Home > Statistics > Big ideas > Variation


Variation exists in every measurable aspect of life, from weather to the stock exchange to sports results. It provides the topics for much of our casual conversation.

  • It's 22 degrees now but it was only 3 degrees this morning.
  • The stock exchange has been fluctuating wildly around 4000 points.
  • How could my team win by 24 points last week and lose by 37 this week?

Variation is fundamental and directly connected to the other four big ideas.

  • Expectation grows naturally out of variation (i.e. what is typical) but decisions about expectation must acknowledge underlying variation.
  • Visual representation of variation is so critical that distribution demands attention.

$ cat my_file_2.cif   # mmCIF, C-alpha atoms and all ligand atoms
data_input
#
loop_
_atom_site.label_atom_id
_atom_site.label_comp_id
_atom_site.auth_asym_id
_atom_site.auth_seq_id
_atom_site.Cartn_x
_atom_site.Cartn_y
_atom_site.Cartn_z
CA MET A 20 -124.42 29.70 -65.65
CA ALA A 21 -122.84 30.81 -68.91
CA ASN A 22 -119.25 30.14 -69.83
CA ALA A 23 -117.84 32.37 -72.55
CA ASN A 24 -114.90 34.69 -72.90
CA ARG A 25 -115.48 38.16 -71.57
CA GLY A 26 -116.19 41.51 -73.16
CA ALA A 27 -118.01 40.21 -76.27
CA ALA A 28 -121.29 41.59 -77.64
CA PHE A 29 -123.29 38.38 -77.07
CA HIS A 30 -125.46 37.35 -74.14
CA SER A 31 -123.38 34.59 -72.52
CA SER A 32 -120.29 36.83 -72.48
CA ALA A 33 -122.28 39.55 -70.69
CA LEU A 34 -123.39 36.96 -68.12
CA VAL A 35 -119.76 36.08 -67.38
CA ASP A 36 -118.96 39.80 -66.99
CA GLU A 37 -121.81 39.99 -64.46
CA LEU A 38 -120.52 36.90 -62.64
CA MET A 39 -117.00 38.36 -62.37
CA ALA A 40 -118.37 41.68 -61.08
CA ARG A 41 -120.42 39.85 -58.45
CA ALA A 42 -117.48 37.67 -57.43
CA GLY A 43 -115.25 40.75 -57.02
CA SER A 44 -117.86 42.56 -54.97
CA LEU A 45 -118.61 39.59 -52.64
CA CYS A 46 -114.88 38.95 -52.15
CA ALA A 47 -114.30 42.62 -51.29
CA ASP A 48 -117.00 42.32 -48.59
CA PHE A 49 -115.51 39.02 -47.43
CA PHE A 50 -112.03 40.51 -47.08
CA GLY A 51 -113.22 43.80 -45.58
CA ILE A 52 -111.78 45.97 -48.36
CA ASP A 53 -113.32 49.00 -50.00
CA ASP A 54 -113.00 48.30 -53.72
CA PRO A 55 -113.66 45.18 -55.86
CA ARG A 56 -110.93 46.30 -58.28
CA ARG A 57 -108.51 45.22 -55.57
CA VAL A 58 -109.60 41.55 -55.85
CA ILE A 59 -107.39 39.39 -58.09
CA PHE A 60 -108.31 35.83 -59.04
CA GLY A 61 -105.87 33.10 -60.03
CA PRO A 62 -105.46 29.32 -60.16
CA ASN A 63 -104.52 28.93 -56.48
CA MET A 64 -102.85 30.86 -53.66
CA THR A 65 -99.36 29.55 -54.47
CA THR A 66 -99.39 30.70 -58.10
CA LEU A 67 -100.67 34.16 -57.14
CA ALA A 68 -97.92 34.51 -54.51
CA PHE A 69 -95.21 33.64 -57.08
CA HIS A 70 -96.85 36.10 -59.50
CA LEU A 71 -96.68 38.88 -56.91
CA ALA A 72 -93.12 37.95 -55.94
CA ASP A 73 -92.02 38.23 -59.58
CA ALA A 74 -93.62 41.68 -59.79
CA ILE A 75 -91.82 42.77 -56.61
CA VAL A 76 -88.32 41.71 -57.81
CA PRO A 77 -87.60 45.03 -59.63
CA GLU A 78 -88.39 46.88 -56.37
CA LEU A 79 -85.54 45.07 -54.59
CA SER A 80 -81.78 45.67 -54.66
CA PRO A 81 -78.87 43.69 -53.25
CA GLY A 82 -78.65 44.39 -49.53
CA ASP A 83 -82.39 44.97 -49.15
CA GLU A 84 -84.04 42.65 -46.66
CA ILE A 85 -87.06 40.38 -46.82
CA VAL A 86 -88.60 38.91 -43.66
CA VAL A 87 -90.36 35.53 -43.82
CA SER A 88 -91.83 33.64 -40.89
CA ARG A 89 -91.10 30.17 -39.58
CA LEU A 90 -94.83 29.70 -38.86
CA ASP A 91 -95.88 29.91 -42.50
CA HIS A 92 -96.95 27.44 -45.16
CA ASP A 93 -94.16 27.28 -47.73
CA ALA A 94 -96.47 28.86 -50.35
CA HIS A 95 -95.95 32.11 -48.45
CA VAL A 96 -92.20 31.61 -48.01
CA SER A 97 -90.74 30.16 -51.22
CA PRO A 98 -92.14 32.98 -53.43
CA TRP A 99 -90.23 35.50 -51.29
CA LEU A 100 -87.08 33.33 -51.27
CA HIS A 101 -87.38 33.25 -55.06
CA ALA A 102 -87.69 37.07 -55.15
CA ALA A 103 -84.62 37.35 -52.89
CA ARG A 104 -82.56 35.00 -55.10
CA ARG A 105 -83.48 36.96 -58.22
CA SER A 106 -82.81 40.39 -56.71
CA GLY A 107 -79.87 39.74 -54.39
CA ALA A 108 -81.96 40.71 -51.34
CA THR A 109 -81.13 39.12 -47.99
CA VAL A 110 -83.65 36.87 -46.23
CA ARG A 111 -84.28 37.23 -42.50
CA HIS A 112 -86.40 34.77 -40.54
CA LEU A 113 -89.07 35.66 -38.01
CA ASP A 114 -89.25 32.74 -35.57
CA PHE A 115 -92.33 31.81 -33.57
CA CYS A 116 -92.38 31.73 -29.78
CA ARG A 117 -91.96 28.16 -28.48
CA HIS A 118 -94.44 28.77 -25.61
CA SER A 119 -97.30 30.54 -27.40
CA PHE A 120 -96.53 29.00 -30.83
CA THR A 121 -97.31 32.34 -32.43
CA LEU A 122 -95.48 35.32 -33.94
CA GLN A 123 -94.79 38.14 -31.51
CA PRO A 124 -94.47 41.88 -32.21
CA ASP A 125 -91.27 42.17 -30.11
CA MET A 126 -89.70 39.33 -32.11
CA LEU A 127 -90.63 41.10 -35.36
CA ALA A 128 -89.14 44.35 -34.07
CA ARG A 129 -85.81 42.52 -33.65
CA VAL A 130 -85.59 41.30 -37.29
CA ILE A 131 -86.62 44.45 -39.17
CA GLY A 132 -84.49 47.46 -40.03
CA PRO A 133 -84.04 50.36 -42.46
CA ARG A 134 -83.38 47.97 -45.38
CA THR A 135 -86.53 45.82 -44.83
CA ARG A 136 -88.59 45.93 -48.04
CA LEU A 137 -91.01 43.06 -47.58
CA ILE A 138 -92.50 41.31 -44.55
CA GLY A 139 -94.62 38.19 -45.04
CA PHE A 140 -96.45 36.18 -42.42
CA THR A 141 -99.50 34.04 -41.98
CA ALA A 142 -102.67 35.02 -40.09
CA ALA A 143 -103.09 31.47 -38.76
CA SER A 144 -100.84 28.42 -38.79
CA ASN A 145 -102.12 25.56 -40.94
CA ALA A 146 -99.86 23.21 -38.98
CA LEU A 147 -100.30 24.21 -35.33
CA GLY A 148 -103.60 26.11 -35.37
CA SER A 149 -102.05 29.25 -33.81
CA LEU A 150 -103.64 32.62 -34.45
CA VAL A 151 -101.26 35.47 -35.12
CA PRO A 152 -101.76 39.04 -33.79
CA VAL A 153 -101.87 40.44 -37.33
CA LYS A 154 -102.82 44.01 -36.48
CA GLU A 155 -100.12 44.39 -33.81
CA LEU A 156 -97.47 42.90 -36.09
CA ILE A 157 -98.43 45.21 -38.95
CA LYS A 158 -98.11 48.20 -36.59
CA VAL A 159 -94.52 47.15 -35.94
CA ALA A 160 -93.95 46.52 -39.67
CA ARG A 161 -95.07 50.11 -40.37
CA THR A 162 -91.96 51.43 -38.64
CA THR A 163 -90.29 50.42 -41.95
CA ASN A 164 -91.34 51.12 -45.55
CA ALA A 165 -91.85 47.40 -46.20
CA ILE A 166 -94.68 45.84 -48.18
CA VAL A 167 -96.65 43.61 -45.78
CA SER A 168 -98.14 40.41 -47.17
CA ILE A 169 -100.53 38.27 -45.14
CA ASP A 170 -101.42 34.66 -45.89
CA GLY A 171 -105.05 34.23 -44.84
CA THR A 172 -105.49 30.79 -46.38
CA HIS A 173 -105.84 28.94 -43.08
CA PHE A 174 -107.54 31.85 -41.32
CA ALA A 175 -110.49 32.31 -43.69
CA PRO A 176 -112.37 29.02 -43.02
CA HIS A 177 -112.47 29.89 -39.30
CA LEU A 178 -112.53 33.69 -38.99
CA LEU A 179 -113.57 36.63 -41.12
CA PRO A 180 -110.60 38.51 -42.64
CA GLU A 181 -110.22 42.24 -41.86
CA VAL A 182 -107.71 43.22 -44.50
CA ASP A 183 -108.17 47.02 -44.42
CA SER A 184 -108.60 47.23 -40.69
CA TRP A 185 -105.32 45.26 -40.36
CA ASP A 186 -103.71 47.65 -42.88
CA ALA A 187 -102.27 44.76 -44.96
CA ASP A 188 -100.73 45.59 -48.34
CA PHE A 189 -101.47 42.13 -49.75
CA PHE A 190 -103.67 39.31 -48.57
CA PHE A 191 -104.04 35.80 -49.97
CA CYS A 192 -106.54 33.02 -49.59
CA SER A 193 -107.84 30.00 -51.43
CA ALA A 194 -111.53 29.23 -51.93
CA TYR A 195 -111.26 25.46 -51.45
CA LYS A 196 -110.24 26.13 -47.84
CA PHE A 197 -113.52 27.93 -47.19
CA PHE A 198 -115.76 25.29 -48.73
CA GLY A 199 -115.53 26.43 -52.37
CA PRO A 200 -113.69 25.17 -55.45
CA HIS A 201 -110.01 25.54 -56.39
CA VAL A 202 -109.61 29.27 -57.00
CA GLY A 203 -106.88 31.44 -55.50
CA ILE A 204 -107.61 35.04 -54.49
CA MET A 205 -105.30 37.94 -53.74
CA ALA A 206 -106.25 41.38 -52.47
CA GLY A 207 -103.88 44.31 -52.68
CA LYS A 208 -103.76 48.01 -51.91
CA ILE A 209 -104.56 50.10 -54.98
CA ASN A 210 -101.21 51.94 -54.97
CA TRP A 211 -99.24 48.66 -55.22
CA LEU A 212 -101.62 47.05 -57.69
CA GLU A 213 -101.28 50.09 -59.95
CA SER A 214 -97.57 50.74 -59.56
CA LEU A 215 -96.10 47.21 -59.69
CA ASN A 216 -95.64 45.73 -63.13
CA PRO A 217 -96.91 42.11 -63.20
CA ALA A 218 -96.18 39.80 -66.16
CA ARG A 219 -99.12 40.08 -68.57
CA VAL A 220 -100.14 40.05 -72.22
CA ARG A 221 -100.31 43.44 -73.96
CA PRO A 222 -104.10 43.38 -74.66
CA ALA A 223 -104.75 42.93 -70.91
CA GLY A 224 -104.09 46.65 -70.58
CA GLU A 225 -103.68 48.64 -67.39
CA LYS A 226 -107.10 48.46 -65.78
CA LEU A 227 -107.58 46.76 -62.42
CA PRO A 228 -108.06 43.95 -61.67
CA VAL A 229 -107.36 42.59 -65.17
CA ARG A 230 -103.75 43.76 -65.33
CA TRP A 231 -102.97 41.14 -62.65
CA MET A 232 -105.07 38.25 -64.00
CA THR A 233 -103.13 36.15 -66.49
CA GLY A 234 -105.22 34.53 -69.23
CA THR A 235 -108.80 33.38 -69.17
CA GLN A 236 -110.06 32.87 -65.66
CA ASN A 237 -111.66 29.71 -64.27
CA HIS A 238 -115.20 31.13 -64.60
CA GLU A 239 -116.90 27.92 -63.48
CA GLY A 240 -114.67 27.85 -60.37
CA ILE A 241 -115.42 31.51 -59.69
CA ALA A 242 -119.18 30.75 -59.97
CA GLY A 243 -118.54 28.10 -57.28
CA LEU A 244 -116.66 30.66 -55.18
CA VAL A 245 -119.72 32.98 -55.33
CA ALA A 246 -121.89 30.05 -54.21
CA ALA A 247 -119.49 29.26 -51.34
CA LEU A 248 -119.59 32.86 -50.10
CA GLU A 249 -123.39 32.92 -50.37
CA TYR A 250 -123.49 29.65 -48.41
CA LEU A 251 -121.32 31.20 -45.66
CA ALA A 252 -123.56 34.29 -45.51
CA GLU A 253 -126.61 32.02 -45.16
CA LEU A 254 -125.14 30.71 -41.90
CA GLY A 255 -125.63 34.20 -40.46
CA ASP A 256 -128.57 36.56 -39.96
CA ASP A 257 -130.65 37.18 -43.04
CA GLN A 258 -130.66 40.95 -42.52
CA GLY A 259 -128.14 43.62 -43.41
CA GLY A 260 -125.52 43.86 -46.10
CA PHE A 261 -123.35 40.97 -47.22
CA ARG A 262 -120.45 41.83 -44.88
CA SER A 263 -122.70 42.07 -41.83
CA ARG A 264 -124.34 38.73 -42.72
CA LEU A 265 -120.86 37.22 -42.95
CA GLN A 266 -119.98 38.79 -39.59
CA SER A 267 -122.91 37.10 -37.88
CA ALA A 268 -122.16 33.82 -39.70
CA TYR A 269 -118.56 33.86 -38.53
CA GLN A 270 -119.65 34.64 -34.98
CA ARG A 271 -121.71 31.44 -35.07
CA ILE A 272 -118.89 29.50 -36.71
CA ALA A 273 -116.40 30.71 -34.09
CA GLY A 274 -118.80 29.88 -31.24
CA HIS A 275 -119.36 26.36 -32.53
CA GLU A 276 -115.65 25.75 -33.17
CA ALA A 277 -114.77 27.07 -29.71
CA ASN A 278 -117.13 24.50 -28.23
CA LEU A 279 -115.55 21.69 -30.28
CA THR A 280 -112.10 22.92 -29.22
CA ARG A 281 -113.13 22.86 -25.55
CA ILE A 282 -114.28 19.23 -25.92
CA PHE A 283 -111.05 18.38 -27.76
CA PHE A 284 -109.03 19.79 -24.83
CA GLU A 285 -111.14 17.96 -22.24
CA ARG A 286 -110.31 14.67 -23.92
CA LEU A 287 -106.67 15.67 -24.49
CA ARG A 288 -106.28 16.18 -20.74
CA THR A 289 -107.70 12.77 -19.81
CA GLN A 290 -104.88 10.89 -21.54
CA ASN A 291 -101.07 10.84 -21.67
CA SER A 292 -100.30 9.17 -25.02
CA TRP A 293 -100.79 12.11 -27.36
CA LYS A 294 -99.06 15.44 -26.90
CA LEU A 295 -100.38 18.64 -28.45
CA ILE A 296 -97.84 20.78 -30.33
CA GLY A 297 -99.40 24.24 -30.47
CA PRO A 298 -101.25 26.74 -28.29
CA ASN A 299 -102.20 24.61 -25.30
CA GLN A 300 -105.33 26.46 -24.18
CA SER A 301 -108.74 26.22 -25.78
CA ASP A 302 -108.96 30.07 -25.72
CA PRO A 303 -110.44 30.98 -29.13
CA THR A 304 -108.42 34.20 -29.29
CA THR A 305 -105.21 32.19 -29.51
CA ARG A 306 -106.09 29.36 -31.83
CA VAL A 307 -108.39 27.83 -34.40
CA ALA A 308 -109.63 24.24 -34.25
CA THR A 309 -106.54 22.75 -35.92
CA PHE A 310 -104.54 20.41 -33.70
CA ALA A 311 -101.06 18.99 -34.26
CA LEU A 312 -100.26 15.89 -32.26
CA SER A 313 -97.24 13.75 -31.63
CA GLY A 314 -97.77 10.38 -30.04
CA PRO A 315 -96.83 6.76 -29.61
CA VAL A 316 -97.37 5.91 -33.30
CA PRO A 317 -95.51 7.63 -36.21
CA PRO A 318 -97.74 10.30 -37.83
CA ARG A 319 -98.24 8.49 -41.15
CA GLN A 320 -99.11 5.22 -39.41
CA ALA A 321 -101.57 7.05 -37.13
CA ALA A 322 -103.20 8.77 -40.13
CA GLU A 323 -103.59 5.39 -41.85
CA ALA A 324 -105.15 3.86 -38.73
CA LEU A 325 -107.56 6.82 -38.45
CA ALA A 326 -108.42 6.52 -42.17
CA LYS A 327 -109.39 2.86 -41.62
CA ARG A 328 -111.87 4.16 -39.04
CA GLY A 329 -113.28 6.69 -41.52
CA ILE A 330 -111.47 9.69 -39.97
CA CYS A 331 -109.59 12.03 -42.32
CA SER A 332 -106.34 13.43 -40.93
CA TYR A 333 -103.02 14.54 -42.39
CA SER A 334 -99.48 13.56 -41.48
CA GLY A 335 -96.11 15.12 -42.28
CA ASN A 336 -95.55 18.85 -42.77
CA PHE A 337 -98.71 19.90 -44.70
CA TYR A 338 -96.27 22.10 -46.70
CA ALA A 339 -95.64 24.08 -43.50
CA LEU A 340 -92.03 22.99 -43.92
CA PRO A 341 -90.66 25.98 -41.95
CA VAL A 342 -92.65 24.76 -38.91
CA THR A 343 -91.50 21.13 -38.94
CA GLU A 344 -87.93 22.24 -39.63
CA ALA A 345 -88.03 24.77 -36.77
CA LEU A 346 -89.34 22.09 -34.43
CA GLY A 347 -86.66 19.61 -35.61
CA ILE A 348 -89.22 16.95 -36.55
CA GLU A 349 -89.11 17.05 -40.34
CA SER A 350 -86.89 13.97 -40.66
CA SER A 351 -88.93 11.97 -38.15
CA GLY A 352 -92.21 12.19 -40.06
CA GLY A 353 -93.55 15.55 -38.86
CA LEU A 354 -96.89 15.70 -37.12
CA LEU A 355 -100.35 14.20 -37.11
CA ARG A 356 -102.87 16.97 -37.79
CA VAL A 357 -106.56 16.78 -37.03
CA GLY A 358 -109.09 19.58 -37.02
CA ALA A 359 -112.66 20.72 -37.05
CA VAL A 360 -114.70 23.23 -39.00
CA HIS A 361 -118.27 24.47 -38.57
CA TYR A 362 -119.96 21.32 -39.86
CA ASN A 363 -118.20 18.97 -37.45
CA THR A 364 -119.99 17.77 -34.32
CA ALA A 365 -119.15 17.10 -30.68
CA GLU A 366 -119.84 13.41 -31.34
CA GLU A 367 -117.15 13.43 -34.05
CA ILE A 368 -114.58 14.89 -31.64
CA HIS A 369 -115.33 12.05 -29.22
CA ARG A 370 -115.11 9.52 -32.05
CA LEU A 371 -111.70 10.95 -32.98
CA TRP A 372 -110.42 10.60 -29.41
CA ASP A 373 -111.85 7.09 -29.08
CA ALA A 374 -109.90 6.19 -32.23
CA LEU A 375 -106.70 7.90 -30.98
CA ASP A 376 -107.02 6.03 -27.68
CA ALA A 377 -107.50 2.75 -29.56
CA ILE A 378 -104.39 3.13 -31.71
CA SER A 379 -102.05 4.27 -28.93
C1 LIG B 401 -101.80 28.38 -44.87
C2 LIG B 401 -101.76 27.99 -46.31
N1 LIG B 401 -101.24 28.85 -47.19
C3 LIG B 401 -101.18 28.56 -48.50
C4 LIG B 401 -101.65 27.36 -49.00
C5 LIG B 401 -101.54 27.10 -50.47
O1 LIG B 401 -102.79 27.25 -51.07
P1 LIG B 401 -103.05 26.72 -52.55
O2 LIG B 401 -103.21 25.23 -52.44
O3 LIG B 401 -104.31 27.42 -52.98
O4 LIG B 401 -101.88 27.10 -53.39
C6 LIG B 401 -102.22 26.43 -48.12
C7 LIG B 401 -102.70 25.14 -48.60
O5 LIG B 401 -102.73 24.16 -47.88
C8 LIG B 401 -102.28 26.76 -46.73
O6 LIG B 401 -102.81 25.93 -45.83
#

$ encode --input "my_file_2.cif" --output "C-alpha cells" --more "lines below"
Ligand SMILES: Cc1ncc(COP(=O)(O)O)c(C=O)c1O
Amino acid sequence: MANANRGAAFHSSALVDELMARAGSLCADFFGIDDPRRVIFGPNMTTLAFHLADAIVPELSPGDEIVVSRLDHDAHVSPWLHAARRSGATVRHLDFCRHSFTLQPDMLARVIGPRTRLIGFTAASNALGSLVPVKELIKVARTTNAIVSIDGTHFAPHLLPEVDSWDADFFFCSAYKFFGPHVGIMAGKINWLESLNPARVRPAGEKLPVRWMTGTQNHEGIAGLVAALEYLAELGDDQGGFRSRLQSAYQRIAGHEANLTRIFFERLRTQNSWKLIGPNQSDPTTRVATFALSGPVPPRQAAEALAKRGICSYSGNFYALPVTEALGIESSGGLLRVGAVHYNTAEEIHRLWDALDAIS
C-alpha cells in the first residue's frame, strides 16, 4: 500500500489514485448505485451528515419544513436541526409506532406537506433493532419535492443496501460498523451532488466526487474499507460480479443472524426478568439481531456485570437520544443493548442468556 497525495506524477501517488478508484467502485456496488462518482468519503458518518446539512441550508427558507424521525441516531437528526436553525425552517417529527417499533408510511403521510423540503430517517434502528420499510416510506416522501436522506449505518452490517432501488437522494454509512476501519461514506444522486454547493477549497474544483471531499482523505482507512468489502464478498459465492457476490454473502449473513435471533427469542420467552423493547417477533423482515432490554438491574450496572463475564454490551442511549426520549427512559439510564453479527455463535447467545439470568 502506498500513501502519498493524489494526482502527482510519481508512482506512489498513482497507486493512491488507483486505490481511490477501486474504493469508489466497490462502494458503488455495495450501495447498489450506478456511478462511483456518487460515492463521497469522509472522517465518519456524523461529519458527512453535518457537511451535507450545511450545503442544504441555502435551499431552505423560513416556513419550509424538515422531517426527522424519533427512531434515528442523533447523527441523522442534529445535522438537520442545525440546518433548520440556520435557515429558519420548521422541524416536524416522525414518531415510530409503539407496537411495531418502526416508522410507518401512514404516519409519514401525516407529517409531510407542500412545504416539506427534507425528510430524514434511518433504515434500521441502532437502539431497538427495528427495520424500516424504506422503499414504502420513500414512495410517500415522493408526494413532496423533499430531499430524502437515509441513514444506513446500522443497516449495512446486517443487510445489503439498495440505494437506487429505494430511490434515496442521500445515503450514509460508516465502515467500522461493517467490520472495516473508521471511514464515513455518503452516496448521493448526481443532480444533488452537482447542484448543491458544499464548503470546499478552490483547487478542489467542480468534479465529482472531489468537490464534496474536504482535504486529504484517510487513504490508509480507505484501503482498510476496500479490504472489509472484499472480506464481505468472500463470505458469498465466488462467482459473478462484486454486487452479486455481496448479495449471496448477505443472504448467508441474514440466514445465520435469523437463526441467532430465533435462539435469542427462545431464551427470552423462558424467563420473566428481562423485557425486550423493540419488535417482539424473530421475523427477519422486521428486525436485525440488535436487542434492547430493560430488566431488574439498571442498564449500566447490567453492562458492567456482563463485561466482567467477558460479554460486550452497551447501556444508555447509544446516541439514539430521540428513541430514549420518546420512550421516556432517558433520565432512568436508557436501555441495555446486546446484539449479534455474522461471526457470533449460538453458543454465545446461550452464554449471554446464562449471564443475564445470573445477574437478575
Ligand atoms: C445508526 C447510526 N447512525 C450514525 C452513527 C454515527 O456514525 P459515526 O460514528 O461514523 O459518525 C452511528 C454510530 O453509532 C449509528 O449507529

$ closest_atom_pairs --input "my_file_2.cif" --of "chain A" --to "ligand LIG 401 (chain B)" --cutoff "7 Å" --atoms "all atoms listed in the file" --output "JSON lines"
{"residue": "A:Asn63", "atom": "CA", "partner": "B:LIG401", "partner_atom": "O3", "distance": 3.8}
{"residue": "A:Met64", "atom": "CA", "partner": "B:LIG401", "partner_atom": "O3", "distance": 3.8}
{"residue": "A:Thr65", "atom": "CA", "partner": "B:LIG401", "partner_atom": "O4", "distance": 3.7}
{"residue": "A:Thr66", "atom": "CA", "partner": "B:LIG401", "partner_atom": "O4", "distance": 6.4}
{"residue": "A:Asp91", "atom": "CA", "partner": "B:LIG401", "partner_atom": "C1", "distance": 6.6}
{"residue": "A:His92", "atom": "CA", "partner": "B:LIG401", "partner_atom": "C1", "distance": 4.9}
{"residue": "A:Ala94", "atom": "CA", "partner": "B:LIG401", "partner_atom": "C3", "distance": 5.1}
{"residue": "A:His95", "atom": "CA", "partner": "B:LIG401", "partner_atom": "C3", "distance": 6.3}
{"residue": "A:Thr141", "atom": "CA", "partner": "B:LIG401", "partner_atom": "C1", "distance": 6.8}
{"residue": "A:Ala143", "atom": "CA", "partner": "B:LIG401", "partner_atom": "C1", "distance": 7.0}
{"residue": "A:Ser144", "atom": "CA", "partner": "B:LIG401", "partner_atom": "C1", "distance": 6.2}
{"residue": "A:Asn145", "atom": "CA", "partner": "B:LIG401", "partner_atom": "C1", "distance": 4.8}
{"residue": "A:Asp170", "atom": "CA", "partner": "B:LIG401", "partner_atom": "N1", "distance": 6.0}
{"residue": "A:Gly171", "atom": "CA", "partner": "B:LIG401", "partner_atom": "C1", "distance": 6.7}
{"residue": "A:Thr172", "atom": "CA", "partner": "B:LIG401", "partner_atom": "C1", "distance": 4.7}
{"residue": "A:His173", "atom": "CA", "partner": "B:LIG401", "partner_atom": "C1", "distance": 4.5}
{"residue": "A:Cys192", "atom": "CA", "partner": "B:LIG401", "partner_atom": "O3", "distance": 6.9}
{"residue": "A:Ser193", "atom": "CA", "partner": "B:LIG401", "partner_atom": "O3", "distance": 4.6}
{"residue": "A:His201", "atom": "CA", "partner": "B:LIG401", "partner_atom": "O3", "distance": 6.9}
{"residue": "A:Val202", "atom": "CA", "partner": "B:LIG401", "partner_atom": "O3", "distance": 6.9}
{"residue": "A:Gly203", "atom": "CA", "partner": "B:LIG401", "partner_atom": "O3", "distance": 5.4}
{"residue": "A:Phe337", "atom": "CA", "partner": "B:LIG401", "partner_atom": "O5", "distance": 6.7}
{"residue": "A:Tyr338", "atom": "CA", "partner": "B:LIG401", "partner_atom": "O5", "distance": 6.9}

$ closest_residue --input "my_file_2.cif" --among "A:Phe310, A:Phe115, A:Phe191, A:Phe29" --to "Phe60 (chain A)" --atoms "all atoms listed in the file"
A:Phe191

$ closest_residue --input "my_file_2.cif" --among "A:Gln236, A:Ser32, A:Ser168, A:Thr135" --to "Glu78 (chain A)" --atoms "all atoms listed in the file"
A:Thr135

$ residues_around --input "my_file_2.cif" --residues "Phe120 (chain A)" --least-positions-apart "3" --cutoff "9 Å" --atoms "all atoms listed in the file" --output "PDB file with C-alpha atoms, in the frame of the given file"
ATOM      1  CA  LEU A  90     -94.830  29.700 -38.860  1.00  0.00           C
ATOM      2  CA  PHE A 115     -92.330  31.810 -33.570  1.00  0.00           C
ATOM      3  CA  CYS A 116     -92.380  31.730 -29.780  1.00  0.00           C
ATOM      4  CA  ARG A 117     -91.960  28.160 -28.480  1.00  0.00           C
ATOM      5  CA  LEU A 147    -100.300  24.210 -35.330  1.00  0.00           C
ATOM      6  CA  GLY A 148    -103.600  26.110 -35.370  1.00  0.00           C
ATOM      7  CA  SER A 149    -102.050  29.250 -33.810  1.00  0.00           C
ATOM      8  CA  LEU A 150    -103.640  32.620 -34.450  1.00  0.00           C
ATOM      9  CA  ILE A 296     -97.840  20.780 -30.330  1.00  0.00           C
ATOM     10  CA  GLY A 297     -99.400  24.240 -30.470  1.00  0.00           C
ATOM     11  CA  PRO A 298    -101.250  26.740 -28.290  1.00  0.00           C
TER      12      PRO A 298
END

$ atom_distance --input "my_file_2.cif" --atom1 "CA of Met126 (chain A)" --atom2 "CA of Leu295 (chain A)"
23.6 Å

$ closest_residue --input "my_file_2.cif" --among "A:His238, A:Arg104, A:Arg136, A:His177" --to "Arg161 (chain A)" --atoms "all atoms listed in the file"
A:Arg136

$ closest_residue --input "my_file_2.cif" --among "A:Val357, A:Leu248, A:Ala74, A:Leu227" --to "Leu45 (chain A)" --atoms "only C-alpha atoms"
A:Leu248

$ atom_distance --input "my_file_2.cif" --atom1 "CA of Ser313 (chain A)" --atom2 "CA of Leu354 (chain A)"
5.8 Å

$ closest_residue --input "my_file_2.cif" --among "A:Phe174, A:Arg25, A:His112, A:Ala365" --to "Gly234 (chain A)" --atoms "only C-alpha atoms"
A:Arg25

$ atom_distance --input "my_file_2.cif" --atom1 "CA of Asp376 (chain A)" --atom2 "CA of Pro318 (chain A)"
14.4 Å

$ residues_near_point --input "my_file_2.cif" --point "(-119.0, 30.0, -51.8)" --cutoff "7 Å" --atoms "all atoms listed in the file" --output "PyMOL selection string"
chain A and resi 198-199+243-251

• Variation in data is often the result of randomness; informal inference seeks to explain it.

There is further information on the fundamental ideas of variation and expectation in the article Inference as Prediction on the AAMT website. 

Experiencing variation

One way to study variation in data is with graphical representations.

Curriculum links

Year 3: Conduct chance experiments, identify and describe possible outcomes and recognise variation in results

Year 3: Identify questions or issues for categorical variables. Identify data sources and plan methods of data collection and recording